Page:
How Does A Carburetor Work?

If you have ever come across an automobile vehicle revving up (mostly motorbikes), that growl is due to the main component in the engine known as the carburetor. Now, while most of today’s vehicles work on a fuel injection system, the carburetor was the first advancement to revolutionize how the engine in automobiles consumed fuel. Before we look at the principle and operation of the carburetor, let’s look for a moment at how an engine burns fuel.

How does an engine burn fuel?

Engines are dependent on mechanical and chemical principles. The primary goal of an engine is to change heat energy into mechanical energy. The process of combustion within an engine consists of mixing fuel with air and then burning it to start the process of combustion. When fuel is ignited with a combination of air, it releases heat energy, carbon dioxide and water (other substances are produced, but these are the main ones we will consider). To obtain the maximum amount of efficiency while burning any fuel, we need to add a lot of air.

chart of carburator

Oxygen is the main ingredient that helps the fuel burn more efficiently. An ideal situation is where there are enough oxygen atoms to burn all the atoms of fuel. This mixture is known as a stoichiometric mixture. If there is too much air, the engine is said to be burning ‘lean’, whereas if there is too much fuel, the engine is said to be burning ‘rich’. If an engine has more air, it creates a more fuel-efficient engine. If the engine burns more fuel, it delivers better performance.

Principle

Daniel_bernoulli

(Photo Credit : Wikimedia Commons)

A carburetor works on one principle, known as Bernoulli’s Theorem. The Bernoulli Theorem was discovered by the Swiss mathematician and physicist Daniel Bernoulli. The Bernoulli Theorem denotes the pressure acting on the point of the liquid and the velocity of the particles. The Bernoulli Theorem states that “the total energy of a small amount of an incompressible liquid flowing from one point to another remains constant throughout the displacement.”

BernoullisLaw Derivation Diagram

(Photo Credit : Wikimedia Commons)

Using the above principle, the primary job of the carburetor is to make air move faster so that both low static pressure and high dynamic pressure are created. The accelerator (or throttle) in any automobile does precisely this with a carburetor. It does not directly control the amount of fuel being used. However, it does control the carburetor mechanism, which controls the amount of air that flows into the engine. The speed of this air flow changes the static pressure, which in turn draws in a certain amount of fuel that is pulled up and used.

Operation of a Carburetor

Carburetors come in various degrees of complexity and design. The simplest model of a carburetor comes in the form of a single vertical air pine located above the engine cylinders, along with a horizontal fuel pipe joined to its side. The air flows down the vertical pipe and acts as a gateway to the narrow middle part (the kinked section). The kinked central part is called the Venturi, and it significantly speeds up the air flow. This increase in the speed of the air causes a fall in pressure, which creates a sucking effect and draws in air from the fuel pipe attached to the side.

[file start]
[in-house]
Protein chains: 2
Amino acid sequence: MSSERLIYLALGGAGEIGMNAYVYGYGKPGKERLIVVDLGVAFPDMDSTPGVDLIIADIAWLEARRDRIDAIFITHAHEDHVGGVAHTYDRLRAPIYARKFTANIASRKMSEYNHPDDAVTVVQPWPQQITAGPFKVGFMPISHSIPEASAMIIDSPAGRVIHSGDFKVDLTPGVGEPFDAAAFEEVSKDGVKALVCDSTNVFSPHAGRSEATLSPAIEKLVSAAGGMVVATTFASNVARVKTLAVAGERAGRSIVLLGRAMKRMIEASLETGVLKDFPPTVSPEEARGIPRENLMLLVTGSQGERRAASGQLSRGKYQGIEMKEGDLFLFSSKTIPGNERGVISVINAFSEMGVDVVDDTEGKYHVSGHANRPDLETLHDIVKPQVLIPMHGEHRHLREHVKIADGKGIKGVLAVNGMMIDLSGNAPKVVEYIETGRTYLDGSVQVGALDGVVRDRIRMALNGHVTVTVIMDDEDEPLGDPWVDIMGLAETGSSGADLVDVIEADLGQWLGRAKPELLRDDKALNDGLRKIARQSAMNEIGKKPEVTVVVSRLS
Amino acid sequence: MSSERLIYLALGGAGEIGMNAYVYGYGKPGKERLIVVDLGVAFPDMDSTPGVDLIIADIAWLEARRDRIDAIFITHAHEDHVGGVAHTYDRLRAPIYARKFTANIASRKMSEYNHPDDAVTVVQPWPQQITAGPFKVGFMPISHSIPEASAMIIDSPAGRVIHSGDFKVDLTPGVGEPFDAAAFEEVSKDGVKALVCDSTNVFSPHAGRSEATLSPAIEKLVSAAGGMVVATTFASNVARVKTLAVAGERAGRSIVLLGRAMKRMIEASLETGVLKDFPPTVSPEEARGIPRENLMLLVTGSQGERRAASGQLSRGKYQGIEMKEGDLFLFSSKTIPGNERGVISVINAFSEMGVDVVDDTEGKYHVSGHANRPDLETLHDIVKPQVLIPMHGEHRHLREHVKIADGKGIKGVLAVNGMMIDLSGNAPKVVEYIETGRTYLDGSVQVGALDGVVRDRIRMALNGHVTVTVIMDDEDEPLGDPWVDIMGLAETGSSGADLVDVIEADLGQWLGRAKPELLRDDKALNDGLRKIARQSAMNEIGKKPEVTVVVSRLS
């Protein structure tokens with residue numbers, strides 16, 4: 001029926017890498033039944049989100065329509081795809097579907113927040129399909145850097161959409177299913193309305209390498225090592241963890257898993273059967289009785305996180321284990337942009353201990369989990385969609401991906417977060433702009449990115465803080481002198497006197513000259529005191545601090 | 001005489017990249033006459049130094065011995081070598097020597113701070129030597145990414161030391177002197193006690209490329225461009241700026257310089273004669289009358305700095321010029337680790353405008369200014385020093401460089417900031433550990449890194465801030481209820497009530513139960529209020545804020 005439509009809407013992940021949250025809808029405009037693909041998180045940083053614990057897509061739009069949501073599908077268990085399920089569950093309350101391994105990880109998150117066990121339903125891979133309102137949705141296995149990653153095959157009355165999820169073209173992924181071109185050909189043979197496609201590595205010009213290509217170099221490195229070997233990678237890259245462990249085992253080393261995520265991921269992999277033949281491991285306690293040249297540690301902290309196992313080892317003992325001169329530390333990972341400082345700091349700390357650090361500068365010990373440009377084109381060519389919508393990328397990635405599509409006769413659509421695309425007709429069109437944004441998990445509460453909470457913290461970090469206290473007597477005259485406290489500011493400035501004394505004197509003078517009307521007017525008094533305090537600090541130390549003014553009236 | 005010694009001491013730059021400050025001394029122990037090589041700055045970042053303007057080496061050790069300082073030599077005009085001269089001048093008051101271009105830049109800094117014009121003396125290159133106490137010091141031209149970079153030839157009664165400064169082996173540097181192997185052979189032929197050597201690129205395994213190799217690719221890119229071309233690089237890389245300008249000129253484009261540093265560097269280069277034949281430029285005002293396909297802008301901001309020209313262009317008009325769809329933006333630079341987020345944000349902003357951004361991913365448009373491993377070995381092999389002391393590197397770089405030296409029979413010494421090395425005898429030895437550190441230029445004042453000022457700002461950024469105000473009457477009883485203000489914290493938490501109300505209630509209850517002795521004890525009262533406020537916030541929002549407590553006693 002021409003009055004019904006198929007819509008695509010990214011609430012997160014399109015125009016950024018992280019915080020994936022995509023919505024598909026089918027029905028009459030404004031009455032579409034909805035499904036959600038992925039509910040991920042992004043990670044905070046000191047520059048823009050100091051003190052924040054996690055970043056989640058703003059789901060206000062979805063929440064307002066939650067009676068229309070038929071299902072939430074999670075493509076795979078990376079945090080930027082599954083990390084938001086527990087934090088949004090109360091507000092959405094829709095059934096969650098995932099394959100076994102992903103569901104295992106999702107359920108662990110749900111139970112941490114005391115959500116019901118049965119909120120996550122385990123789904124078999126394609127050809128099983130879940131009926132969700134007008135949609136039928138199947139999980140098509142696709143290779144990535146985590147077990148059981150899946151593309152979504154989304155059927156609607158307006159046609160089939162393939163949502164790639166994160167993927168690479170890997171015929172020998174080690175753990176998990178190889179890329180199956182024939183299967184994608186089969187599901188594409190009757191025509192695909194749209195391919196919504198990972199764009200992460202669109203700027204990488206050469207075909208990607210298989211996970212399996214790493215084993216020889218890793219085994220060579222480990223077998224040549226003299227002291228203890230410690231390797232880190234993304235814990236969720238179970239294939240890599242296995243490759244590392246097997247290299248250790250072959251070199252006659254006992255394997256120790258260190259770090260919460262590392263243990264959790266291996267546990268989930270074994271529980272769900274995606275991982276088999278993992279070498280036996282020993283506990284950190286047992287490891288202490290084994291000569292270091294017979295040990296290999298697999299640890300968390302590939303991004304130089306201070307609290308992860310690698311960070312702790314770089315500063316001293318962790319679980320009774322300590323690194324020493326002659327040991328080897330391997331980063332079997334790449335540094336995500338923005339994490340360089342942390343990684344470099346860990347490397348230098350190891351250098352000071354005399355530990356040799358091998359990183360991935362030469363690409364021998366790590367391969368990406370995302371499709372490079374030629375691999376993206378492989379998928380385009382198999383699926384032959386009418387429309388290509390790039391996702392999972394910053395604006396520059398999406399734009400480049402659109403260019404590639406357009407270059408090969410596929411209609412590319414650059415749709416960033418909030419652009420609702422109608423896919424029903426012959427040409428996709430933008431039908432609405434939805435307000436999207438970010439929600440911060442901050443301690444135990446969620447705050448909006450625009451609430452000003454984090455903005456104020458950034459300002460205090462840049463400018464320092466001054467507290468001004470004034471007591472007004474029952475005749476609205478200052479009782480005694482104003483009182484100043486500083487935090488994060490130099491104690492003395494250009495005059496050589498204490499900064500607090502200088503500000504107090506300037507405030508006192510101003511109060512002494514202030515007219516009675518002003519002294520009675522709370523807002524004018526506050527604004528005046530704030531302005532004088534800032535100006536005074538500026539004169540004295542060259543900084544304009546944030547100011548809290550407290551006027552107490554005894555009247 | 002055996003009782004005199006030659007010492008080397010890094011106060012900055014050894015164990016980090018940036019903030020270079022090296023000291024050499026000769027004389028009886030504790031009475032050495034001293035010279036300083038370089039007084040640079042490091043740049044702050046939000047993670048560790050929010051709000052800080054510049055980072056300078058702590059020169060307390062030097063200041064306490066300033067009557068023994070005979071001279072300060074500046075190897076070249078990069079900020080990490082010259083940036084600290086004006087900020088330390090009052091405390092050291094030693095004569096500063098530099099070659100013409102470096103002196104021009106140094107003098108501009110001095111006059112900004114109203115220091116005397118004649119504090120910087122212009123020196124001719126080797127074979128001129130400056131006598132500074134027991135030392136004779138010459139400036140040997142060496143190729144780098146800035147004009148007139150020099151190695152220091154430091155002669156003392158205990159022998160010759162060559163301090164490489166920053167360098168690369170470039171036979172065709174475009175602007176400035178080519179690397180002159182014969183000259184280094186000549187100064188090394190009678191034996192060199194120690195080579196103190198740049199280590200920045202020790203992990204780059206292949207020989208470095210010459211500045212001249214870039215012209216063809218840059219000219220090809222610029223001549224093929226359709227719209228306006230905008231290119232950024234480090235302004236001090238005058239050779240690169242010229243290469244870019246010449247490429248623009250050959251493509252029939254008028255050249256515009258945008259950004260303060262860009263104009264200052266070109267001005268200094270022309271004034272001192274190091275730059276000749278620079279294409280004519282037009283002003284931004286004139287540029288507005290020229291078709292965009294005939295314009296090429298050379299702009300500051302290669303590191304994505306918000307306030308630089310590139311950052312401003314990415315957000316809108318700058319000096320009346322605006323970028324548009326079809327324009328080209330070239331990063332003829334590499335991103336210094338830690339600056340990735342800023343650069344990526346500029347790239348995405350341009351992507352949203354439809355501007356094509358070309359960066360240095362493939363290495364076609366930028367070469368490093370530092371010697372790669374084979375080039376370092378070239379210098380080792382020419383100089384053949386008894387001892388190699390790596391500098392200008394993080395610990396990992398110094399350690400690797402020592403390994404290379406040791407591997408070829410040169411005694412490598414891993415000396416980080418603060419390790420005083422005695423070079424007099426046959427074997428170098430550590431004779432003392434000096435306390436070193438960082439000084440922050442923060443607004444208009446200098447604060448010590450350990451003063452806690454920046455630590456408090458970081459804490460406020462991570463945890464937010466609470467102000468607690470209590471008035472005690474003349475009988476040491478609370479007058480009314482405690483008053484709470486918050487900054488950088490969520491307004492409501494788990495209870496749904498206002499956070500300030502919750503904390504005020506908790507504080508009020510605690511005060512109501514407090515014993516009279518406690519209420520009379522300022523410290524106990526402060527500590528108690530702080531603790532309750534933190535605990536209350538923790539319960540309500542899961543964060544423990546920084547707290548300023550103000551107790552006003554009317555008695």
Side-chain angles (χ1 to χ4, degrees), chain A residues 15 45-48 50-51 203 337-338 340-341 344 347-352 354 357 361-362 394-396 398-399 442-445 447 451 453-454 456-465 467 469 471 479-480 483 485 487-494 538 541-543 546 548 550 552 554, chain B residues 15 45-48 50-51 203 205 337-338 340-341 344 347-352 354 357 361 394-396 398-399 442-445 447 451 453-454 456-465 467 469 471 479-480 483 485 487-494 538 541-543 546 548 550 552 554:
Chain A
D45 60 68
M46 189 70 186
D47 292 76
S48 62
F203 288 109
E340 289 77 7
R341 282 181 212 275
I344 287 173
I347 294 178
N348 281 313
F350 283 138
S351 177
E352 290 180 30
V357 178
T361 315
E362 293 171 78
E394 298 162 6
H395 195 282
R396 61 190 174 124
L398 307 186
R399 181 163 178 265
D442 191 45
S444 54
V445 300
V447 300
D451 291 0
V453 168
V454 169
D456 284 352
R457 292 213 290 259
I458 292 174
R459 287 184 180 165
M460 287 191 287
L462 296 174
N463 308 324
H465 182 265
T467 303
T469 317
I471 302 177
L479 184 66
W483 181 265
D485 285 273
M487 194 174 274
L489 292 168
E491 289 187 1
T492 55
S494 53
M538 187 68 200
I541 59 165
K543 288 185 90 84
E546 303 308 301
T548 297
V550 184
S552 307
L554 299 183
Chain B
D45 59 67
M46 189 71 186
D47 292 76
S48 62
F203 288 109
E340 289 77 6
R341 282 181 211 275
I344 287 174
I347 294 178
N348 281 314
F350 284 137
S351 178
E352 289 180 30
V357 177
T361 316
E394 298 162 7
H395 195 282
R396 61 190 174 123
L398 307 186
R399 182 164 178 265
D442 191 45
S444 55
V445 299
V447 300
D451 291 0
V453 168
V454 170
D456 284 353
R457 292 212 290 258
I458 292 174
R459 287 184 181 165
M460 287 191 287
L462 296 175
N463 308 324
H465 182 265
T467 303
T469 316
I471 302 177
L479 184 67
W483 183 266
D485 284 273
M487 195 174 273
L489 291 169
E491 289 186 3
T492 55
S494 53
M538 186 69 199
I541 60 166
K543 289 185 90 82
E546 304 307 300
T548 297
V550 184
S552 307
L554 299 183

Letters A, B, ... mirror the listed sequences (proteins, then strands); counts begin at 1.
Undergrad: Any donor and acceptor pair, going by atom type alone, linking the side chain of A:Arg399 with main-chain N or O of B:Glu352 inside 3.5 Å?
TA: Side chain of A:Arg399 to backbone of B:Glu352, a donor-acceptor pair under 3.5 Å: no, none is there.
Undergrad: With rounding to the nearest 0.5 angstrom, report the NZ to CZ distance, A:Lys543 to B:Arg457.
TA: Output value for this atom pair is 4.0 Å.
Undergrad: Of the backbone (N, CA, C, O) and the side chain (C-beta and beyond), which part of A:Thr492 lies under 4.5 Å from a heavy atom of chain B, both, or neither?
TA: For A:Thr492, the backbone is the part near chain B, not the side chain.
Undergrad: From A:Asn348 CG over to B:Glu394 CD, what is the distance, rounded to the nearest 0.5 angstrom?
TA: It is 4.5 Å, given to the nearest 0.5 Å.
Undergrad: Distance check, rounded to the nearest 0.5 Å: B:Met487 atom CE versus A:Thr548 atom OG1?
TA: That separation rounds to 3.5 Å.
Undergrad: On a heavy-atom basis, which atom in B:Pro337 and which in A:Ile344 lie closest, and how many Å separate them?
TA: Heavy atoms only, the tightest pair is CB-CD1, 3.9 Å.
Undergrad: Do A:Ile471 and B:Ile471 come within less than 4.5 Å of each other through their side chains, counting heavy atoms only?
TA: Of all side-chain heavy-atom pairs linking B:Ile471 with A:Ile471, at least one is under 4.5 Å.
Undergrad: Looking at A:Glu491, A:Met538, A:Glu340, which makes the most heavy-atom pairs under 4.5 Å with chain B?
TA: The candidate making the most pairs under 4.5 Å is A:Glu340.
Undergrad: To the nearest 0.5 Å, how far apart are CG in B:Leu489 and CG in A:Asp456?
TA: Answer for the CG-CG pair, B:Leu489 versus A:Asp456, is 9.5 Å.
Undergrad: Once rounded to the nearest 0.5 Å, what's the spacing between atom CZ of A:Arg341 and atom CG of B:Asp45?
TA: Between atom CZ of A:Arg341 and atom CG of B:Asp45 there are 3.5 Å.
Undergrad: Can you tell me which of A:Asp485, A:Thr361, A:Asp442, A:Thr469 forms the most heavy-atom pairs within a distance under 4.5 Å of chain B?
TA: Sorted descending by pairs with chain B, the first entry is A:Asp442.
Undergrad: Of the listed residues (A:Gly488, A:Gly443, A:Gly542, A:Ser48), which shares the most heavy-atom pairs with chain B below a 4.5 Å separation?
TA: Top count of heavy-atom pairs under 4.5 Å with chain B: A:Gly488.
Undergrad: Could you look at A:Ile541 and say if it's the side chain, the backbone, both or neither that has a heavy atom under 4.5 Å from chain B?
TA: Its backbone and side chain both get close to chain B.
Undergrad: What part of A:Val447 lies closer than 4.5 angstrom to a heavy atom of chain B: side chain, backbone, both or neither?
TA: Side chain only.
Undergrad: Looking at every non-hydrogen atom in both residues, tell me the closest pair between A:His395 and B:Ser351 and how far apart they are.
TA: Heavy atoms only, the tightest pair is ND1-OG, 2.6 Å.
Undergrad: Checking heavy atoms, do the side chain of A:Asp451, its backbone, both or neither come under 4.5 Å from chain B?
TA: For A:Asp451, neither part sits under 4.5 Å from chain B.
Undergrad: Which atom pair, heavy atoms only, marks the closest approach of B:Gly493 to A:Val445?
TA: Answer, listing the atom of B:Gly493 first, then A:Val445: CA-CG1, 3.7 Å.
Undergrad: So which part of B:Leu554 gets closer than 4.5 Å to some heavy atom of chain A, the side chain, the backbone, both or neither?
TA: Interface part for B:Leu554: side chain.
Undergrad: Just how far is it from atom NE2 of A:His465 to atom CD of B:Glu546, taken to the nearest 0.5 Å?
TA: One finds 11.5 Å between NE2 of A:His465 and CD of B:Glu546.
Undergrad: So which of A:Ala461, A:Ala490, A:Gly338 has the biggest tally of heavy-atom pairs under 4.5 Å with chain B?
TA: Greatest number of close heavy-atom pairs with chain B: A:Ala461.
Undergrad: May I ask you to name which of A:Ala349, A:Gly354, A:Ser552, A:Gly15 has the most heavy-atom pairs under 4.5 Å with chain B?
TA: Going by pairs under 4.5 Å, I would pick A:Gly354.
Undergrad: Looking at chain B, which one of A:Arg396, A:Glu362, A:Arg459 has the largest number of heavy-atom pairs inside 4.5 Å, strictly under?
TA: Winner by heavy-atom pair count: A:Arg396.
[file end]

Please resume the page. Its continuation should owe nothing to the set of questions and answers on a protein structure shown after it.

carburetor work

(Photo Credit : K. Aainsqatsi/Wikimedia Commons)

The air that is sucked out also pulls fuel along with it. The next logical question is – how is the air-fuel mixture controlled? The carburetor contains swiveling tow valves in the venturi. At the top, the valve is called the choke. The choke controls the amount of air that flows in. If the choke is in its closed position, only a small amount of air can enter the venturi, while a larger amount of fuel is drawn in. This makes the engine consist of a more fuel-rich mixture. The advantage arises when one would like to start an engine or when the engine is cold. The bottom part of the valve contains a secondary valve known as the throttle. The more the throttle is open, the more air flows into the carburetor. The more air that flows into the carburetor, the more fuel it pulls in from the horizontal fuel pipe attached to it. This makes the engine produce more energy and deliver more power, which makes the automobile go faster. So, whenever you push down on the accelerator, you’re giving the engine more oxygen and fuel to burn.

The fuel pipe attached to the carburetor consists of a miniature fuel tank called the fuel feed chamber. This is a small tank with a float and a valve inside it. Whenever the fuel pipe continues giving fuel to the carburetor, the float valve present inside it will sink. When this happens, it draws more fuel into the fuel chamber directly from the gas tank. Once the fuel chamber is full, it rises, thereby closing the pathway from the gas tank to the fuel chamber.

So, next time you go out for a joyride and put your foot to the pedal, you will understand why your car speeds up!

References:

  1. TheDrive
  2. your mechanic
  3. Jalopnik
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About the Author:

Venkatesh is an Electrical and Electronics Engineer from SRM Institute of Science and Technology, India. He is deeply fascinated by Robotics and Artificial Intelligence. He is also a chess aficionado, He likes studying chess classics from the 1800 and 1900’s. He enjoys writing about science and technology as he finds the intricacies which come with each topic fascinating.

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